The FDA called upon the pharmaceutical companies to stop making propoxyphene following a clinical trial in which electrocardiograms showed that the drug altered the heart's electrical activity, potentially causing serious or life-threatening arrhythmias.
An arrhythmia is a problem with the rate or rhythm of the heartbeat. During an arrhythmia, the heart can beat too fast, too slow, or with an irregular rhythm. A heartbeat that is too fast is called tachycardia. A heartbeat that is too slow is called bradycardia. Although arrhythmias are harmless, some can be serious or even life threatening. When the heart rate is too fast, too slow, or irregular, the heart may not be able to pump enough blood to the body. The lack of blood caused by an arrhythmia can damage the brain, heart, and other organs, and in the most serious cases, may result in death.
The FDA estimates that the drug has been used by 10 million people in 2009. Propoxyphene was withdrawn from Britain in 2005 and European Union markets in June of 2009 after regulators concluded the risks outweighed pain-relieving benefits.
The safety of the drug has been the subject of controversy for decades. The consumer watchdog group, Public Citizen, petitioned the agency in 1978, and again in 2006, to pull the drug from the market. Public Citizen contends that 1,000 to 2,000 Americans have died from the drug since the U.K. ban, based in part upon data from the state of Florida that found 395 deaths from 2005 to 2009 associated with propoxyphene.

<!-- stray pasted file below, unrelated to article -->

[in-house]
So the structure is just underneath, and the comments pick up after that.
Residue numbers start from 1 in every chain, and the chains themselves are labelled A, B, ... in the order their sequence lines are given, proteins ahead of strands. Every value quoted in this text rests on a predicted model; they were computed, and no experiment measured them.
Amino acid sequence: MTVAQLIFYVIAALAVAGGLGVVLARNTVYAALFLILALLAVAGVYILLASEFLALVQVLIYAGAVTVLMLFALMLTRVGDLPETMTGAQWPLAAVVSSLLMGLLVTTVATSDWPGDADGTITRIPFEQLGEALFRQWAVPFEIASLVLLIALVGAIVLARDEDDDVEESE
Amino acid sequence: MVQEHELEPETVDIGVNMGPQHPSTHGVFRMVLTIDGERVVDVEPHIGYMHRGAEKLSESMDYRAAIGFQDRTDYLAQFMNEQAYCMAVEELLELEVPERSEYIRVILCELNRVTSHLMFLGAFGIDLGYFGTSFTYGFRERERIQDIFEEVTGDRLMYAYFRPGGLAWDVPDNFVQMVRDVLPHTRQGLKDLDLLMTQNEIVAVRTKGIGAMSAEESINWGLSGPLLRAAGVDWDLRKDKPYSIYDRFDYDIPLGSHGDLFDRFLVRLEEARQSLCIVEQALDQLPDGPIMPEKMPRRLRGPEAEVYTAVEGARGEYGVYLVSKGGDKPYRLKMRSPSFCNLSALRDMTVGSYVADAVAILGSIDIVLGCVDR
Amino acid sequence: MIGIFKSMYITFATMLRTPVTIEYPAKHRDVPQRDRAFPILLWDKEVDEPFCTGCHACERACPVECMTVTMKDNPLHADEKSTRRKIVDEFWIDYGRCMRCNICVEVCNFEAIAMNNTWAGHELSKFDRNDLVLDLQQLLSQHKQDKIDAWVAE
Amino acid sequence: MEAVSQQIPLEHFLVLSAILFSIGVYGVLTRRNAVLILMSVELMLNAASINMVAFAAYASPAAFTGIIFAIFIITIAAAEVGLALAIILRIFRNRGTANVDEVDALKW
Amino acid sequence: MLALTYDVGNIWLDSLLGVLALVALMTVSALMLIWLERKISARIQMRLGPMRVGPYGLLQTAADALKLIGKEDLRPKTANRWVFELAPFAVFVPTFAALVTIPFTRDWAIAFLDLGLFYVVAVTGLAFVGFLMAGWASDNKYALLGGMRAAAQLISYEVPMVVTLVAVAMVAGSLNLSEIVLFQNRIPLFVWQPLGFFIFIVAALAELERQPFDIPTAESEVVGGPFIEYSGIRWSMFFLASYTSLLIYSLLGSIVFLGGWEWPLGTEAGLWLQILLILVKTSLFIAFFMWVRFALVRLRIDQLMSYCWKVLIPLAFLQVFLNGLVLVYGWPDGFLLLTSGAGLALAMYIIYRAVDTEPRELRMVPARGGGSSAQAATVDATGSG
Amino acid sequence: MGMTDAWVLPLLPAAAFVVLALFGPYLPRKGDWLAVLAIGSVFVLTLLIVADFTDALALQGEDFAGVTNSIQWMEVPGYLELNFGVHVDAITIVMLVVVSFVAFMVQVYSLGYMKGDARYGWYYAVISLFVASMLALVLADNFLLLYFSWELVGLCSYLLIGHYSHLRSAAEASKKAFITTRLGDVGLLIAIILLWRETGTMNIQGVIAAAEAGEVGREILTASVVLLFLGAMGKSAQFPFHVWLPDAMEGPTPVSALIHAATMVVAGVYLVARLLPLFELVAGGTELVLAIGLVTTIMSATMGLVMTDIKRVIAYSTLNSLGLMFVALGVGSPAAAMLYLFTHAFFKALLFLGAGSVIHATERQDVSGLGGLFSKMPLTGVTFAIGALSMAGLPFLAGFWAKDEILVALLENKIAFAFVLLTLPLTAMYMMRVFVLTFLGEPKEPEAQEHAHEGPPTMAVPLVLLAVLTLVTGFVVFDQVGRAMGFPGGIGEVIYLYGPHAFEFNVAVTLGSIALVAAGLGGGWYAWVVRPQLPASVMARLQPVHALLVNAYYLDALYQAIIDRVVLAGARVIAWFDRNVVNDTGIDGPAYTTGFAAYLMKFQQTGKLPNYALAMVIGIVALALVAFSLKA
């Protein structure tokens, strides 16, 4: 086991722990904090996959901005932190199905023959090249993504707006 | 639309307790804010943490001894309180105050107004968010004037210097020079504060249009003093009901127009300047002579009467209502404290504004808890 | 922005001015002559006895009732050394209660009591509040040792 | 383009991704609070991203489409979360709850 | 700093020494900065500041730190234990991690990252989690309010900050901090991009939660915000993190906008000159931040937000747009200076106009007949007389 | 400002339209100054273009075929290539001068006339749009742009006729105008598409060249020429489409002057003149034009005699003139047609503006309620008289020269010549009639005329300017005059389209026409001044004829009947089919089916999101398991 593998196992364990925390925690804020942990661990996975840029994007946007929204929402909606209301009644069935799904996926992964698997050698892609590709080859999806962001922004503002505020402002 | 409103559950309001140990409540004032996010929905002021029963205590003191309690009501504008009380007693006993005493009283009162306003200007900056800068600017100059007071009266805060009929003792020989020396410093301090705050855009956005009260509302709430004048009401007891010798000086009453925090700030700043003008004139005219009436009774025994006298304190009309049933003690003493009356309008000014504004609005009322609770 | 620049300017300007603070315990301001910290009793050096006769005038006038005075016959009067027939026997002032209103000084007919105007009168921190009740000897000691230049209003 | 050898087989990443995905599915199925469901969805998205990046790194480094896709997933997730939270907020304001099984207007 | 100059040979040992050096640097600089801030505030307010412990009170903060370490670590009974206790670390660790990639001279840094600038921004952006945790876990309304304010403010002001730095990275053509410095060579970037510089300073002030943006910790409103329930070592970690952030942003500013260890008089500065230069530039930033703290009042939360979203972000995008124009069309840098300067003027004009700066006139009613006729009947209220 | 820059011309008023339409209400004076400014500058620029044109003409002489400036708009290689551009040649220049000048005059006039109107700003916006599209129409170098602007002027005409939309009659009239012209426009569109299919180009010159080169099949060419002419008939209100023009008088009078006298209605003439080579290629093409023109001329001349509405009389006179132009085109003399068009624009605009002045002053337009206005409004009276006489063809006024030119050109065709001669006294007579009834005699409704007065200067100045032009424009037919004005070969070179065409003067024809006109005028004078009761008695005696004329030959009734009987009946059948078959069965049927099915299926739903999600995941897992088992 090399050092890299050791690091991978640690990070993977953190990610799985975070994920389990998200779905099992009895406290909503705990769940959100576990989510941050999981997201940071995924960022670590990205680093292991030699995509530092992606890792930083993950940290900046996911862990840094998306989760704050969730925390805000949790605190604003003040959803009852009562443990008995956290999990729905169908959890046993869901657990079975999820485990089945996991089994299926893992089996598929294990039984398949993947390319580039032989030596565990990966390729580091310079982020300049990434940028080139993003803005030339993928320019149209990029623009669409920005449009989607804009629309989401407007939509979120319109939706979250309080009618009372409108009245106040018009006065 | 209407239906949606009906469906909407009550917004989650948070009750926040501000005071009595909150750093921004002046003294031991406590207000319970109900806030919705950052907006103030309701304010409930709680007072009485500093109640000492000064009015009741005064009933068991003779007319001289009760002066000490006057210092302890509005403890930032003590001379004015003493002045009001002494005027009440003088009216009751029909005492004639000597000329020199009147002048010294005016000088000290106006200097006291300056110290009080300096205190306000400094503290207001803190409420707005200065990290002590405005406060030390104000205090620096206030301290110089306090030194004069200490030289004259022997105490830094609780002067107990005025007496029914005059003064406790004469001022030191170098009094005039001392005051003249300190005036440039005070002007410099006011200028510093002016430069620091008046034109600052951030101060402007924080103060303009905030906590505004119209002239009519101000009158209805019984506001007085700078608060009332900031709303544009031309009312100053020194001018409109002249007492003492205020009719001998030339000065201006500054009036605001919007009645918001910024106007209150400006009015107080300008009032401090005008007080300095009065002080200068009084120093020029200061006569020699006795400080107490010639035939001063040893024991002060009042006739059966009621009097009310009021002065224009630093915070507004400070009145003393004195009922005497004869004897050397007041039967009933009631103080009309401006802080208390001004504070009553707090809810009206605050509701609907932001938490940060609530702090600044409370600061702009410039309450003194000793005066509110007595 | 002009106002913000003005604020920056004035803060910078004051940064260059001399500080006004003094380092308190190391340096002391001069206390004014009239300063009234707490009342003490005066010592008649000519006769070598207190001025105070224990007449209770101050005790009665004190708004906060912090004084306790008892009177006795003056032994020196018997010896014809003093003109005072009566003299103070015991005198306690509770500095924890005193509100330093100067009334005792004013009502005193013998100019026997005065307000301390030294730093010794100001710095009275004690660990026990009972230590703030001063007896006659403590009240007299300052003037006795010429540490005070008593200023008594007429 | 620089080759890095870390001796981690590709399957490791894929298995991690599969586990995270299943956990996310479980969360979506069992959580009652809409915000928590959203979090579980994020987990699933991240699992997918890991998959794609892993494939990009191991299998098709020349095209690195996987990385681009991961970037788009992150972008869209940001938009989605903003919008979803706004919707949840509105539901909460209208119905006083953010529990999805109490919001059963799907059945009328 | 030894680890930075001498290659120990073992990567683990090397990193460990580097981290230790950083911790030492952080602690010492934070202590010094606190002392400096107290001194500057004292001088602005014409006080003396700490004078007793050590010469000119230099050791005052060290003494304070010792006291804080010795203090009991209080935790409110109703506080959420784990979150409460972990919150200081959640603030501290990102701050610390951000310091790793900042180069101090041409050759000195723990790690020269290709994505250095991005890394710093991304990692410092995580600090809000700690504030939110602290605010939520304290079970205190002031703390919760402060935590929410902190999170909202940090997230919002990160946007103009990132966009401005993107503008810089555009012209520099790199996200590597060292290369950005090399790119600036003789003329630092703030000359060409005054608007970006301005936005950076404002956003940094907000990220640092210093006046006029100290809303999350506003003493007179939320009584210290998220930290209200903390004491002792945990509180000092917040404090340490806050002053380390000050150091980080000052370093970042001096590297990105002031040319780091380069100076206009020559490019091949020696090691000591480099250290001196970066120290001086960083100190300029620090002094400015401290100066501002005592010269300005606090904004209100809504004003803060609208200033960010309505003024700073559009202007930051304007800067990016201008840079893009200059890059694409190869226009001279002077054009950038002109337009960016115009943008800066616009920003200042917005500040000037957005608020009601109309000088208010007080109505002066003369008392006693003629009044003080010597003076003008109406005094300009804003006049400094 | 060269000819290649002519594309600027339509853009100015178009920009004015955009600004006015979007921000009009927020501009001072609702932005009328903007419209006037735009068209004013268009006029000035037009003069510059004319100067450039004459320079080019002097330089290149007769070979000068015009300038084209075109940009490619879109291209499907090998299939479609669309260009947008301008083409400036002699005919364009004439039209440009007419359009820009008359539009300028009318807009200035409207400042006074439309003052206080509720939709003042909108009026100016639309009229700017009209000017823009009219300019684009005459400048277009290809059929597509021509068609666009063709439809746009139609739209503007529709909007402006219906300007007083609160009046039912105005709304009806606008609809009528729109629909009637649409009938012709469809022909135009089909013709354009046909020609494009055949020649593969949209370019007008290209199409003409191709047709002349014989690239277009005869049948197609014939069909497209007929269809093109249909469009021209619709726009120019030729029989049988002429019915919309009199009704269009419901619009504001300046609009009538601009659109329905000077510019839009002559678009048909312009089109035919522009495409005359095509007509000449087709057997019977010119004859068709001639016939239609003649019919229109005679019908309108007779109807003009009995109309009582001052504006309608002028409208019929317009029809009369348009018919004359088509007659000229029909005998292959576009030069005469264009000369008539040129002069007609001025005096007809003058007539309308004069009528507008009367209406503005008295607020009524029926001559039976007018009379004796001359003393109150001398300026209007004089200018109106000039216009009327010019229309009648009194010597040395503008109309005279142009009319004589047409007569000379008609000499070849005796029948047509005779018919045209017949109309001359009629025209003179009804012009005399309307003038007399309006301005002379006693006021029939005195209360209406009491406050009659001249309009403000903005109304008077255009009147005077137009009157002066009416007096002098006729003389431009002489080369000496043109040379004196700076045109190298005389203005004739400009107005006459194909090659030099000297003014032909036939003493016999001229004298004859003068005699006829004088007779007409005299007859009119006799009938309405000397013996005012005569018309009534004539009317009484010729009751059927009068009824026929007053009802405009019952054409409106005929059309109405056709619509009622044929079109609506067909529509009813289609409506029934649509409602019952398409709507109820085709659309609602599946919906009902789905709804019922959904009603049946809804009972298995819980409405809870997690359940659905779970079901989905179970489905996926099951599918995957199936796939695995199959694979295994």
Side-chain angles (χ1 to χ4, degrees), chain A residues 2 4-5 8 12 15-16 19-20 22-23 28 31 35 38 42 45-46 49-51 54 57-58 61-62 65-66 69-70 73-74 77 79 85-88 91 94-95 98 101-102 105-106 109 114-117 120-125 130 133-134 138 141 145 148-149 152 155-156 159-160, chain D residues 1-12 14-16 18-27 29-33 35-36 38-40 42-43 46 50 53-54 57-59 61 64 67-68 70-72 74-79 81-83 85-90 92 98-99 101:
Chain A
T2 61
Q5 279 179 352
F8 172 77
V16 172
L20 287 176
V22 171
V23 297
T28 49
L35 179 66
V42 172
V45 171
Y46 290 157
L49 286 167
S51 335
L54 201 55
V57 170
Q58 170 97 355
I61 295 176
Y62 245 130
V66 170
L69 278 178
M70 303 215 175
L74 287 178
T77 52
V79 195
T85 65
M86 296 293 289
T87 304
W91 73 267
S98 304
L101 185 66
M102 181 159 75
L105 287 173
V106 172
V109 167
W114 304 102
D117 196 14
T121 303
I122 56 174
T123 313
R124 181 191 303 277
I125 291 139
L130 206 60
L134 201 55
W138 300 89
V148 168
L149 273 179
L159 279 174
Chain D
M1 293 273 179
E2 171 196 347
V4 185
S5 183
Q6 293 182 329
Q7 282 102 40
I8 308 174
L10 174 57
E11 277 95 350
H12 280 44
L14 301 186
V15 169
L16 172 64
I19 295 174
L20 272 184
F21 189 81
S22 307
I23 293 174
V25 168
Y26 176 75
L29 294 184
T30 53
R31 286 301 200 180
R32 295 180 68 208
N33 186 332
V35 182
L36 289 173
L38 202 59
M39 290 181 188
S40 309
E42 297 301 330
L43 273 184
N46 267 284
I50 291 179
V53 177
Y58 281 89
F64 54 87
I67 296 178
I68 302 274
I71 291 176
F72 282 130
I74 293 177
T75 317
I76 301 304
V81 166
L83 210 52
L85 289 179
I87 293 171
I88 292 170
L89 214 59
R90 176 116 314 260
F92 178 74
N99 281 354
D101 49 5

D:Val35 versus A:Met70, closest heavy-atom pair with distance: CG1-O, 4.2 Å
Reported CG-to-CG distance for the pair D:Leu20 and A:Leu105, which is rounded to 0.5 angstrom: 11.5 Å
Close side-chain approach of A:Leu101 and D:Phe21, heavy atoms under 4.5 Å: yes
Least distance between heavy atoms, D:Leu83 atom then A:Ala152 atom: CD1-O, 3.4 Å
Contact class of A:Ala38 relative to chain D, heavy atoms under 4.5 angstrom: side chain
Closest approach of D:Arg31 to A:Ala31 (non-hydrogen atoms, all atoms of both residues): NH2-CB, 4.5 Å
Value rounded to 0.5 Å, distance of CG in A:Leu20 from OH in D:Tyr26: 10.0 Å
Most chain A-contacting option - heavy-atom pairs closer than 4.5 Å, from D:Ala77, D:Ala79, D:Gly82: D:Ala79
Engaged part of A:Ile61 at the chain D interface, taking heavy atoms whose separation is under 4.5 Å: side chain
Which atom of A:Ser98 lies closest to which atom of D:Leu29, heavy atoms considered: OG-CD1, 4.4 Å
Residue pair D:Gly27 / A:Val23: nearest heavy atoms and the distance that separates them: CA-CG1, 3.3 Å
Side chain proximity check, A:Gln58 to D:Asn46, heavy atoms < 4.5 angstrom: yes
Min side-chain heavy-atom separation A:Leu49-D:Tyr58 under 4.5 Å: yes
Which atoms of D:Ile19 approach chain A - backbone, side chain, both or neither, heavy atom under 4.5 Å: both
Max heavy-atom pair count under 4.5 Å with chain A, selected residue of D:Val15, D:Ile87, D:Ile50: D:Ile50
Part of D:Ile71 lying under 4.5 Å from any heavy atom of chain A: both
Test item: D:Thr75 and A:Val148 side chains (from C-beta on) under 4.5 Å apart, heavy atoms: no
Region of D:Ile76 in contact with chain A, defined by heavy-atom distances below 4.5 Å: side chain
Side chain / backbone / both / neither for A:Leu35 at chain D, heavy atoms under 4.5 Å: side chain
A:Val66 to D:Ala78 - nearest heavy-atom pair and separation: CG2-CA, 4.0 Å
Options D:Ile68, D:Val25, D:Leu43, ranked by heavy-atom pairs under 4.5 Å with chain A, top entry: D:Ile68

Darvon (generic: propoxyphene) is an opioid used to treat mild to moderate pain. It is manufactured by Xanodyne Pharmaceuticals Inc. The drug is also used in various generic forms. The most popular formulation, which contains the painkiller acetaminophen, is known as Darvocet.
The FDA advises patients who experience an abnormal heart rate or heart rhythm, dizziness, lightheadedness, heart palpitations or fainting to contact a doctor immediately.